In recent weeks, even the most cautious members of my family, as well as my friends and colleagues, have started to relax their stringent adherence to Covid-19 safety measures. They are arranging social gatherings, travelling across the country, returning to work, shopping with greater freedom, washing their hands less frequently and even leaving their homes without wearing a mask.
This is in stark contrast to the vigilance we exercised in the early days of our national lockdown under the movement control order. Remember when you would wash every item you brought back from the grocery store? Or when no more than two persons could travel in a vehicle, and the passenger sat in the back seat? Or when we ran in circles on our balconies and in our backyards to get our exercise?
Being careful seemed so important and necessary! After all, we were protecting ourselves, and others, from being infected with a possibly deadly virus.
Before Malaysia went into lockdown on March 18, we had only 532 reported cases of coronavirus infection. The first two Covid-19-related deaths were reported around that time. Understandably, we were shocked and afraid.
I am sure we can all remember the first time that we heard of a relative, friend or co-worker who was infected. Some of us have also had to suffer the loss of family and friends who succumbed to Covid-19. And of course, some of us are among the nearly 10,000 people who were infected with the virus and have recovered (11,034 people were infected as at Sept 28, 2020).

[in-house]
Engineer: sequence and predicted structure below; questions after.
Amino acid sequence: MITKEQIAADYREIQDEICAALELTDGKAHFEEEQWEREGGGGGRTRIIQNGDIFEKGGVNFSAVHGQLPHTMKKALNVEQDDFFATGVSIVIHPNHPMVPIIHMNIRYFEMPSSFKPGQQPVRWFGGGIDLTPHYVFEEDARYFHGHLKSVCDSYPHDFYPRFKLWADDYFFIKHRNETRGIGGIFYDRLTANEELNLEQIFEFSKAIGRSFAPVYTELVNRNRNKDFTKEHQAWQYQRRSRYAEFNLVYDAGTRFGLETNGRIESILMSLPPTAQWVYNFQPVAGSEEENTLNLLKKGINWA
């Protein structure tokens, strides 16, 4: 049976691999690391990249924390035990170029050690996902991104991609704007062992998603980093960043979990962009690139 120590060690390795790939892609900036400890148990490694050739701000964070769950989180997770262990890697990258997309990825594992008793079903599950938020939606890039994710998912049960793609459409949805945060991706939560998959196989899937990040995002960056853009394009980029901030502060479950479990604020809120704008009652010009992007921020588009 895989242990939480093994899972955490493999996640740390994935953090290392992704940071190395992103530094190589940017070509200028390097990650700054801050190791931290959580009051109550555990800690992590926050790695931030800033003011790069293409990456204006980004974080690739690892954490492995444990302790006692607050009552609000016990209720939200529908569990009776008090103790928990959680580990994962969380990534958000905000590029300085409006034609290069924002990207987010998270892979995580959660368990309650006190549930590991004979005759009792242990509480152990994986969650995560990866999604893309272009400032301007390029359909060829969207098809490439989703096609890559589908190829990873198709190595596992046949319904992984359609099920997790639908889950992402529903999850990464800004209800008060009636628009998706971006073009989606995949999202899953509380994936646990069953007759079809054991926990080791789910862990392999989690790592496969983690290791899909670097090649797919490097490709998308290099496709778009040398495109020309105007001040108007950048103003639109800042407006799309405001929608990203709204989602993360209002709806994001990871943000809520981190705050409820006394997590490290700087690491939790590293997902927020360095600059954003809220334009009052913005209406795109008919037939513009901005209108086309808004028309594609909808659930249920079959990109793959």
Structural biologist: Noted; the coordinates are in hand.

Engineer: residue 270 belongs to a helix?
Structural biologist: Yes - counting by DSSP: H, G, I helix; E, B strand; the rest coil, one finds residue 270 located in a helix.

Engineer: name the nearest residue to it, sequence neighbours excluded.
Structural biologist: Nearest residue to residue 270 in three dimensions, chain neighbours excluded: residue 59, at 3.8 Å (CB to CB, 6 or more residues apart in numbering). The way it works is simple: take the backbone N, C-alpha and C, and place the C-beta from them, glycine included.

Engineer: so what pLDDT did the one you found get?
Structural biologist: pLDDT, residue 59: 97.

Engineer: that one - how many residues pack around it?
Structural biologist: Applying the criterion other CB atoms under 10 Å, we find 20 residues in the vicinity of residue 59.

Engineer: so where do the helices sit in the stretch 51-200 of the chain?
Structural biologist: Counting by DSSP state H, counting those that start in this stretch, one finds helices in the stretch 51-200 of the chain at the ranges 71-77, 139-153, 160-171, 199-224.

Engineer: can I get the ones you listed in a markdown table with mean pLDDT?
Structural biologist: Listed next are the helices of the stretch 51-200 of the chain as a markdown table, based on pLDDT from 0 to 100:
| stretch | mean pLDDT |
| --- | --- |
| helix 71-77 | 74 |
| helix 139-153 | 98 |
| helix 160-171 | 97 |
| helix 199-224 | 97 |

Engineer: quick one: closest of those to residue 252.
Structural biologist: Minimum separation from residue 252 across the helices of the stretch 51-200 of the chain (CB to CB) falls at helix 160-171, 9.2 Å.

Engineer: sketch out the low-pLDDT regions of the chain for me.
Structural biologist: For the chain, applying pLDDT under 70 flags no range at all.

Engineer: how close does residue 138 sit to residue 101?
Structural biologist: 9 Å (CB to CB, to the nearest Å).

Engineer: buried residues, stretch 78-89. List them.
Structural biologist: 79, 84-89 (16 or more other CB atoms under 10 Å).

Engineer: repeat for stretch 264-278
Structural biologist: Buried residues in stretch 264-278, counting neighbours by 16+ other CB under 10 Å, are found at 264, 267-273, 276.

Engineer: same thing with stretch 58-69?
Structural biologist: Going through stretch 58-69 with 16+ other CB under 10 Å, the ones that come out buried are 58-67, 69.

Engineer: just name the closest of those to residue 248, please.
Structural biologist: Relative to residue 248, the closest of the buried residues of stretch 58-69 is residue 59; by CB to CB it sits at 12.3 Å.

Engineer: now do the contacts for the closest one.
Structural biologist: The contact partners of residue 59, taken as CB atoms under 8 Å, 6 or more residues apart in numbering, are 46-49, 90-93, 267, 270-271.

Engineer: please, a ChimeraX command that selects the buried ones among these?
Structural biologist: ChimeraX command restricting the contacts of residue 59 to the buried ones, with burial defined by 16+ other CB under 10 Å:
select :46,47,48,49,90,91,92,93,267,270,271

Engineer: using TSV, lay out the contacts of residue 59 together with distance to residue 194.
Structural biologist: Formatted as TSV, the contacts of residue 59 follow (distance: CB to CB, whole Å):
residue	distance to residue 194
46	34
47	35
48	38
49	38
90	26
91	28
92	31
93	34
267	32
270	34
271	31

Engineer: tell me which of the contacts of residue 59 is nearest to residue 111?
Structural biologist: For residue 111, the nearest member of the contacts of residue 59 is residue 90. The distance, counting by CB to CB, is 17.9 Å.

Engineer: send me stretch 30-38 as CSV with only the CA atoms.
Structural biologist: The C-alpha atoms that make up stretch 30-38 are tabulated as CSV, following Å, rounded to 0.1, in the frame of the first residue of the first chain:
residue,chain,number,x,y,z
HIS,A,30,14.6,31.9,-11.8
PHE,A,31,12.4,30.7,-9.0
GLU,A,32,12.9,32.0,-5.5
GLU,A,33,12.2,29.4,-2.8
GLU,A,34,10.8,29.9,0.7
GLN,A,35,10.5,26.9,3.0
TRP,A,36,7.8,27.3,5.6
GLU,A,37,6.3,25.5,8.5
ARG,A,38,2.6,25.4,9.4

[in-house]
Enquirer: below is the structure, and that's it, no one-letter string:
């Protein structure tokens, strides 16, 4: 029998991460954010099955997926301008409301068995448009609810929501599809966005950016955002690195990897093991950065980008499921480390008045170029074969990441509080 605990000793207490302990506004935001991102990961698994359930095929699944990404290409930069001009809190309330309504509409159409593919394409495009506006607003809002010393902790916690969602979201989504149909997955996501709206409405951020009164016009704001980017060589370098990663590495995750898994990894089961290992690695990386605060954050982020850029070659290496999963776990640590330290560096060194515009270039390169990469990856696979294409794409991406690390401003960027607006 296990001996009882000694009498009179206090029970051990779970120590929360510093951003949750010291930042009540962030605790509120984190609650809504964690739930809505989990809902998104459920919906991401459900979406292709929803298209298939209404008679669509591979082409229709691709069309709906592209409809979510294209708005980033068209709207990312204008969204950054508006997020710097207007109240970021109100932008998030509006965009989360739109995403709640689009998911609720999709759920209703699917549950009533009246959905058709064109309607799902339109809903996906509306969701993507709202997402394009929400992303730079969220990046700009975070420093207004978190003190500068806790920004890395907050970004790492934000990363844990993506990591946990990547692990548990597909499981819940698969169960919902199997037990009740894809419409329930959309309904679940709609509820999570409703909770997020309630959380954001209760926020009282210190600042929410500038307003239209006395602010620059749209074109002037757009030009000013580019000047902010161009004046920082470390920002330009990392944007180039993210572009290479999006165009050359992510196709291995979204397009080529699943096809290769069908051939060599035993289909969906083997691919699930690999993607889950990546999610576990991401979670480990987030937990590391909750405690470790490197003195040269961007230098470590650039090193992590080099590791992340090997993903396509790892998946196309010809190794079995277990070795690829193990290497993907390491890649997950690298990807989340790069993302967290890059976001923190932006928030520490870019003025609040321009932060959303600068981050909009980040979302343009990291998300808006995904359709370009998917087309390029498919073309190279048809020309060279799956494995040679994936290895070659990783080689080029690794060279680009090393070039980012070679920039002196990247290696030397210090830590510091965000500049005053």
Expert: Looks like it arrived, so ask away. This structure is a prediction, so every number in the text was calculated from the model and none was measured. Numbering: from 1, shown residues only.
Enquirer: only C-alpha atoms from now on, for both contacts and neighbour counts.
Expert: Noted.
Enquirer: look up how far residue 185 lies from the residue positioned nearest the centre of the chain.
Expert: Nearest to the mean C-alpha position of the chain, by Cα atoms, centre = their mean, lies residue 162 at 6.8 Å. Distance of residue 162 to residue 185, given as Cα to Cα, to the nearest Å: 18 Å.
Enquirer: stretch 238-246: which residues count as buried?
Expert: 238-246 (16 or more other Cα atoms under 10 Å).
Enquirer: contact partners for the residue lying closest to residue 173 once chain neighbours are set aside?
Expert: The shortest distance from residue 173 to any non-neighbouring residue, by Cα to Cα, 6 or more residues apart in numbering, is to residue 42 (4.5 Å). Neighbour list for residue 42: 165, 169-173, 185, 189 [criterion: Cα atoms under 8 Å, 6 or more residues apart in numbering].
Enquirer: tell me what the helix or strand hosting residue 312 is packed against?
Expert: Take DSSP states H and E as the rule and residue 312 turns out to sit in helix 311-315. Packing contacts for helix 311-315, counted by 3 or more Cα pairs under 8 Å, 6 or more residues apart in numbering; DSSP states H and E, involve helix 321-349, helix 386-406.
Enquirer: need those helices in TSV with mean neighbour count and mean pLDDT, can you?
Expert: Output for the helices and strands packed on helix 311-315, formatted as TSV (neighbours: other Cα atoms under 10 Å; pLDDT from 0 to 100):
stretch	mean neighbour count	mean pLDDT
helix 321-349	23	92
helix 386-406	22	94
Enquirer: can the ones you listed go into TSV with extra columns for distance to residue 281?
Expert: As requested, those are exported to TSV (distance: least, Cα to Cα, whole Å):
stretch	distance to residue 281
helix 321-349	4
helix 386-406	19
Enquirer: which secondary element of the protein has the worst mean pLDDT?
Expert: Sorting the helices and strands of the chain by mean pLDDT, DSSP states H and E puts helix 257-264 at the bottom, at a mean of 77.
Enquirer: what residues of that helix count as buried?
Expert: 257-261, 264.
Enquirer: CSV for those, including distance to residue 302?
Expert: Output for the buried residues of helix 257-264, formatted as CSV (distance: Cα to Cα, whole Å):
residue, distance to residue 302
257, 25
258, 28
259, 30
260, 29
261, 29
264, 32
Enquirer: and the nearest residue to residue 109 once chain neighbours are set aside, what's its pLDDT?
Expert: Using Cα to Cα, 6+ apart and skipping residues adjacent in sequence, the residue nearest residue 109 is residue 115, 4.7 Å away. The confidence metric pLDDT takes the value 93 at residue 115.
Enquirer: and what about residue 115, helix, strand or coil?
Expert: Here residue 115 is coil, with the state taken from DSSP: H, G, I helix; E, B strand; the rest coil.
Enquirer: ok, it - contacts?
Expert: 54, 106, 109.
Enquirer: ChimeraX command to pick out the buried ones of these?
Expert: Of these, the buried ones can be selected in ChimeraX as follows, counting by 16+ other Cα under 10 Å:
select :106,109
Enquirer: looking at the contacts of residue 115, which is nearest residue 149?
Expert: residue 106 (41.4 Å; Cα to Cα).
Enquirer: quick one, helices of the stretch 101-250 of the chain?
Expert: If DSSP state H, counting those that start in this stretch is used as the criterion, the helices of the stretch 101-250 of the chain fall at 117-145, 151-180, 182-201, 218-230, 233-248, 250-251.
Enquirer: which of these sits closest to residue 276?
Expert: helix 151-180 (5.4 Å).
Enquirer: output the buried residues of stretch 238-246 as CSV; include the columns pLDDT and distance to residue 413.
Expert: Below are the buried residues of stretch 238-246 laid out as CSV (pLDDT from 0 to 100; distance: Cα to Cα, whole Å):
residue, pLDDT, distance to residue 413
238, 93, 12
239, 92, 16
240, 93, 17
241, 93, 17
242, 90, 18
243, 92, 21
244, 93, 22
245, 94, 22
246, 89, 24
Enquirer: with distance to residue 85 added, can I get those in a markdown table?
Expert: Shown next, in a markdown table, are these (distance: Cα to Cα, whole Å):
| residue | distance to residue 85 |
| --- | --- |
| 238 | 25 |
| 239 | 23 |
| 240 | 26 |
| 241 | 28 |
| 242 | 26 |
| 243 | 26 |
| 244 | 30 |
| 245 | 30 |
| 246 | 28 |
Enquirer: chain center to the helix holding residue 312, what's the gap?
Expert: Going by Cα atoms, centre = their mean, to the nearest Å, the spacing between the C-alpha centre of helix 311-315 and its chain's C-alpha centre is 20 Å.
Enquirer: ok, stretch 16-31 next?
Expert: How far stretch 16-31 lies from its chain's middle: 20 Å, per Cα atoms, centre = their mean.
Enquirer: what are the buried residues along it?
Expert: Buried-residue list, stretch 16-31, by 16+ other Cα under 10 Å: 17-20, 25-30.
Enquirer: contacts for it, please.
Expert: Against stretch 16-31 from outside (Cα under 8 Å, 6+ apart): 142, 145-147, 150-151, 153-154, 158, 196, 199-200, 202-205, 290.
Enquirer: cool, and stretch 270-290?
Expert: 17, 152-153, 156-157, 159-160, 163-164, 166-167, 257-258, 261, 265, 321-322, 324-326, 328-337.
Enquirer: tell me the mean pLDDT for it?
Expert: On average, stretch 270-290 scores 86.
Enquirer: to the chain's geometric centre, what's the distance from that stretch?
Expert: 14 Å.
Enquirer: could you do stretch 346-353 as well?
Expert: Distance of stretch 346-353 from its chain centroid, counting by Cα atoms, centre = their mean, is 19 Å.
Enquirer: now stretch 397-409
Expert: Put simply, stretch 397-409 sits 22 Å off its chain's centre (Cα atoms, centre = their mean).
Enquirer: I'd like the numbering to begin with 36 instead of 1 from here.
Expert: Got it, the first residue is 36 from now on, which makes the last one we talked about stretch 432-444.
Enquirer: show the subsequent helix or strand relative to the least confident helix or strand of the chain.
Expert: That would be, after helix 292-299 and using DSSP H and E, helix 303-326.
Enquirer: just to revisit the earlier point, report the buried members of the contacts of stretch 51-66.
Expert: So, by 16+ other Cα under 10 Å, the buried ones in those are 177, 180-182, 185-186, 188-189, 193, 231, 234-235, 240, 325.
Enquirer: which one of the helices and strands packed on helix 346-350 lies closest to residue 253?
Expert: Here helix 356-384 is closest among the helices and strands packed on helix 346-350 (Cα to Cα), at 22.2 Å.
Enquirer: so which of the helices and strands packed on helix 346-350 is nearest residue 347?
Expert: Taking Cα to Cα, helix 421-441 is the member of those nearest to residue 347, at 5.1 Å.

The pandemic is not only a health tragedy in Malaysia. It is also an economic disaster, putting further strain on an already faltering economy. The media has reported large-scale suffering globally from hunger, the brutality of increased gender-based violence, the loss of job security for many people, including Malaysians, and the failure of education systems that have left teachers vulnerable and learners even further behind in their schooling. It is likely to take decades to address some of these problems. This will almost certainly be hampered by ongoing corruption in both governments and the private sector.